BYU students raise hepatitis B awareness

Team HBV gathered together to educate BYU students about Hepatitis B with pizza and a ping pong tournament (Annie Trumbull).
Team HBV gathered together for a ping pong tournament and to educate BYU students about hepatitis B. (Annie Trumbull)

BYU’s Team HBV has a goal to help people in the Asian and Polynesian communities understand the dangers of hepatitis B.

Hepatitis B is the second leading cause of cancer, second only to smoking.

The U.S. usually vaccinates all children against hepatitis B, otherwise known as HBV. Other countries around the world, specifically Asian and Polynesian countries, do not require the vaccine for their children.

“One-third of the world’s population is infected with hepatitis B,” said Team HBV faculty advisor Gene Cole. “HBV can then lead to liver cancer and eventually death.”

Senior Annie Trumbull, a leader of Team HBV, hopes to raise awareness of the cause among Asian and Polynesian students at BYU.

“Our goal is to take a worldwide initiative to eradicate a disease that is 100 percent preventable,” Trumbull said. “We wanted to bring this initiative to campus.”

Students recently gathered in the Wilkinson Center to raise awareness for hepatitis B by having pizza and a ping-pong tournament. Team HBV helped educate those who attended the ping-pong tournament about the dangers of hepatitis B.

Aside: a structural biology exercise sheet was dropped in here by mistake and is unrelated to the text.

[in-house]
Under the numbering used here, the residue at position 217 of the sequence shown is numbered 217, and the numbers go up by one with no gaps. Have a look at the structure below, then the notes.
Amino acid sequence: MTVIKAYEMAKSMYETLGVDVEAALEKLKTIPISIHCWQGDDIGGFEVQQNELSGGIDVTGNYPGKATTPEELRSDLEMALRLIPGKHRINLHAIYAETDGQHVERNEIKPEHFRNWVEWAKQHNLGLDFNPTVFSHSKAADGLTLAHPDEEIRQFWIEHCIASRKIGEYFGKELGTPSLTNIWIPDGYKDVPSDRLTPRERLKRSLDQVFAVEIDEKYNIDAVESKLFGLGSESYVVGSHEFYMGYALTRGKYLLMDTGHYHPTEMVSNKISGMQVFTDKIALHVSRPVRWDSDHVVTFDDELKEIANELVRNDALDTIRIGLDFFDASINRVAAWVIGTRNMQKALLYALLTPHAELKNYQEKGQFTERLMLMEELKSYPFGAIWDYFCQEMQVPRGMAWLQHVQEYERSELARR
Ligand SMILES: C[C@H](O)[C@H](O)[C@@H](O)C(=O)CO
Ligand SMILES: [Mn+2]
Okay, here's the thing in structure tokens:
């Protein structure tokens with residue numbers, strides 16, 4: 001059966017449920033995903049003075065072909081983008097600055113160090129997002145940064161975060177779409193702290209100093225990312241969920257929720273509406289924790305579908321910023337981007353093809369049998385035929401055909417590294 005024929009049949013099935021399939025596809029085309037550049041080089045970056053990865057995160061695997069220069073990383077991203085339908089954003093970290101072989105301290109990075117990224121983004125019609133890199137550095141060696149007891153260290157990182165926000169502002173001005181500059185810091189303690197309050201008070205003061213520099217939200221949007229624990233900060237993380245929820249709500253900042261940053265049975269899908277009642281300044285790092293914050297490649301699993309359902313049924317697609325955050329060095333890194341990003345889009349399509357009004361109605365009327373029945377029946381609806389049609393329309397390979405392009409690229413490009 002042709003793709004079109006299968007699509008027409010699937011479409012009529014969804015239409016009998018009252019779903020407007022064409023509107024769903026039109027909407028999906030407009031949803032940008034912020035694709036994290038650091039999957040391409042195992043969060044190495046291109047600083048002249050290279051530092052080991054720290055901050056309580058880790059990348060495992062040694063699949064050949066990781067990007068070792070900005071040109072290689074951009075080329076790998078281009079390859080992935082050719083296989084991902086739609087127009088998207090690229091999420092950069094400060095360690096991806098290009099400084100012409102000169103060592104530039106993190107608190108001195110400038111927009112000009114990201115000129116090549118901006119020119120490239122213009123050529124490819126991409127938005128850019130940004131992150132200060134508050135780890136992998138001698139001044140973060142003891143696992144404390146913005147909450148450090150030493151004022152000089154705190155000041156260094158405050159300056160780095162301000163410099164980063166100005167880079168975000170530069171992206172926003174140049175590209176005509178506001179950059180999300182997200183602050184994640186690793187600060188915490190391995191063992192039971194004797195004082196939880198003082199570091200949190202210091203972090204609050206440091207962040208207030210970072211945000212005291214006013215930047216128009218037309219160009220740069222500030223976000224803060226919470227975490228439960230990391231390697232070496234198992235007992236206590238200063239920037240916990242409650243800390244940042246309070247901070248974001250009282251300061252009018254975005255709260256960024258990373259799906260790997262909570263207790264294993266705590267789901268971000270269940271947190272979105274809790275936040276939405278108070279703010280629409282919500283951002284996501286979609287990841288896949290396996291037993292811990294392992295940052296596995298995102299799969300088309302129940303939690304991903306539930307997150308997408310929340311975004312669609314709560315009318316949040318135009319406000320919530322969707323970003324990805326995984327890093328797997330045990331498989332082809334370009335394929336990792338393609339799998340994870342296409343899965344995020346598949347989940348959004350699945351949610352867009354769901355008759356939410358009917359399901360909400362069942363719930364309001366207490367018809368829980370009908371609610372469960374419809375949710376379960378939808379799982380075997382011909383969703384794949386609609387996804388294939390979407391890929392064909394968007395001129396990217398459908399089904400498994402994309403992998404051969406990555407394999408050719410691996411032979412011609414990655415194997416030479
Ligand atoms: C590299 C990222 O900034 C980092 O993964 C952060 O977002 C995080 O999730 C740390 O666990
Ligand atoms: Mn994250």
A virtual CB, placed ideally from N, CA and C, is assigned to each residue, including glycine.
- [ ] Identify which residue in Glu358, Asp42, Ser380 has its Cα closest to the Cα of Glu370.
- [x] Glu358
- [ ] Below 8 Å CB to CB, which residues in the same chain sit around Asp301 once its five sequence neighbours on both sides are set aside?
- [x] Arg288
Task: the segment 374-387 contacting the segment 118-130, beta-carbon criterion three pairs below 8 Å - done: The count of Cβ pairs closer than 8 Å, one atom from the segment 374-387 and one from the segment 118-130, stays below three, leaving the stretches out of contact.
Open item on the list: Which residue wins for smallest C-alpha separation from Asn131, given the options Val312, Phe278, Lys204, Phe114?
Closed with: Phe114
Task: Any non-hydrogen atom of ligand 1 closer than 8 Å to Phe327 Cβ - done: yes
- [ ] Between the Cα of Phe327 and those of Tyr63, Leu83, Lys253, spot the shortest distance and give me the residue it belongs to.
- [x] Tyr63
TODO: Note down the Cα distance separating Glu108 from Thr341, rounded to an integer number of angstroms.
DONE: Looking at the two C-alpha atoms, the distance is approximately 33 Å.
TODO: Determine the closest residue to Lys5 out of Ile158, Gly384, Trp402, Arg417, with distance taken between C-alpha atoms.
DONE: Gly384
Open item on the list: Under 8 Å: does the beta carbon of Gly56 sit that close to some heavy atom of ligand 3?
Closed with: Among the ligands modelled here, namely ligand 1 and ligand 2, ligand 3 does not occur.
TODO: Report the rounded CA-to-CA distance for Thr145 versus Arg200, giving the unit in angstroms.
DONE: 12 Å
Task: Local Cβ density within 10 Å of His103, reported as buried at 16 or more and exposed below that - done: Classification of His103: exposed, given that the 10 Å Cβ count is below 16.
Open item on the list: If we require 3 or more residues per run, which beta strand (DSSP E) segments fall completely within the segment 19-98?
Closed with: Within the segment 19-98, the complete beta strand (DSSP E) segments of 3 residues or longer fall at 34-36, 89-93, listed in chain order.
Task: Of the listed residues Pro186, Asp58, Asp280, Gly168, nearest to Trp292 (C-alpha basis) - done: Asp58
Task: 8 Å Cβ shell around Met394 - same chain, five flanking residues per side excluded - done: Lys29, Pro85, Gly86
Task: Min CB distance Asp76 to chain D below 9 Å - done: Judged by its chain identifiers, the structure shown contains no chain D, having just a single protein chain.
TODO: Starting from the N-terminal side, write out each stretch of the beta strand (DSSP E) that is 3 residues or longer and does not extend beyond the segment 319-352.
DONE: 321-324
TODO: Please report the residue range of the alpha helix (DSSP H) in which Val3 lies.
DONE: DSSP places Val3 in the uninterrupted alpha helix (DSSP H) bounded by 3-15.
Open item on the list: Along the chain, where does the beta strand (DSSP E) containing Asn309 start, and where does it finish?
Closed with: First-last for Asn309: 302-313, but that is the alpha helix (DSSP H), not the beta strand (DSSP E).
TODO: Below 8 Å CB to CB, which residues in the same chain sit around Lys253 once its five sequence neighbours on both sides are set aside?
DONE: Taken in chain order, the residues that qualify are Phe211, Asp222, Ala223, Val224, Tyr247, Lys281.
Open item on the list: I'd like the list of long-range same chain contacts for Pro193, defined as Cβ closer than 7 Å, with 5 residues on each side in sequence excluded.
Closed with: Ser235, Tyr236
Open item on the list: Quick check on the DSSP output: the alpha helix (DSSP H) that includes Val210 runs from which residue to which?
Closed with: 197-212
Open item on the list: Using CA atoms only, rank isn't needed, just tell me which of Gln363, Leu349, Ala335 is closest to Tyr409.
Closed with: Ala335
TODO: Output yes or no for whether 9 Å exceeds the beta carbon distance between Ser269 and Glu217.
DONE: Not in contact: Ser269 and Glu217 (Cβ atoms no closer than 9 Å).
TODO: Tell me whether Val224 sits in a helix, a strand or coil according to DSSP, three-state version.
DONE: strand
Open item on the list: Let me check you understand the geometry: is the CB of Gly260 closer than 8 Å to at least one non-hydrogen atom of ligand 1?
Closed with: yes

Freshman Spencer Bates, a ping-pong enthusiast, initially attended the event for the fun and games.

“Honestly, I heard there was going to be pizza and ping-pong so I had to come,” Bates said. “But now that I know more about hepatitis B, I want to do everything I can to help educate other people.”

By promoting awareness for HBV, the club hopes to increase the number of people tested for HBV and the number of medical screenings for those who do not know the symptoms. Hepatitis B can be transmitted through any contact with infected bodily fluids, such as blood.

Trumbull also said returned missionaries from Asian and Polynesian countries can help by reaching out to old contacts and encouraging them to get tested.

“Contact people you taught on the mission,” Trumbull said. “Make sure they get tested and get treatment if they are infected. Hepatitis B is totally preventable and we can help eradicate it through education about HBV and the dangerous effects it has on the world.”

BYU’s Team HBV is a Provo chapter of the organization originally founded at Stanford University.

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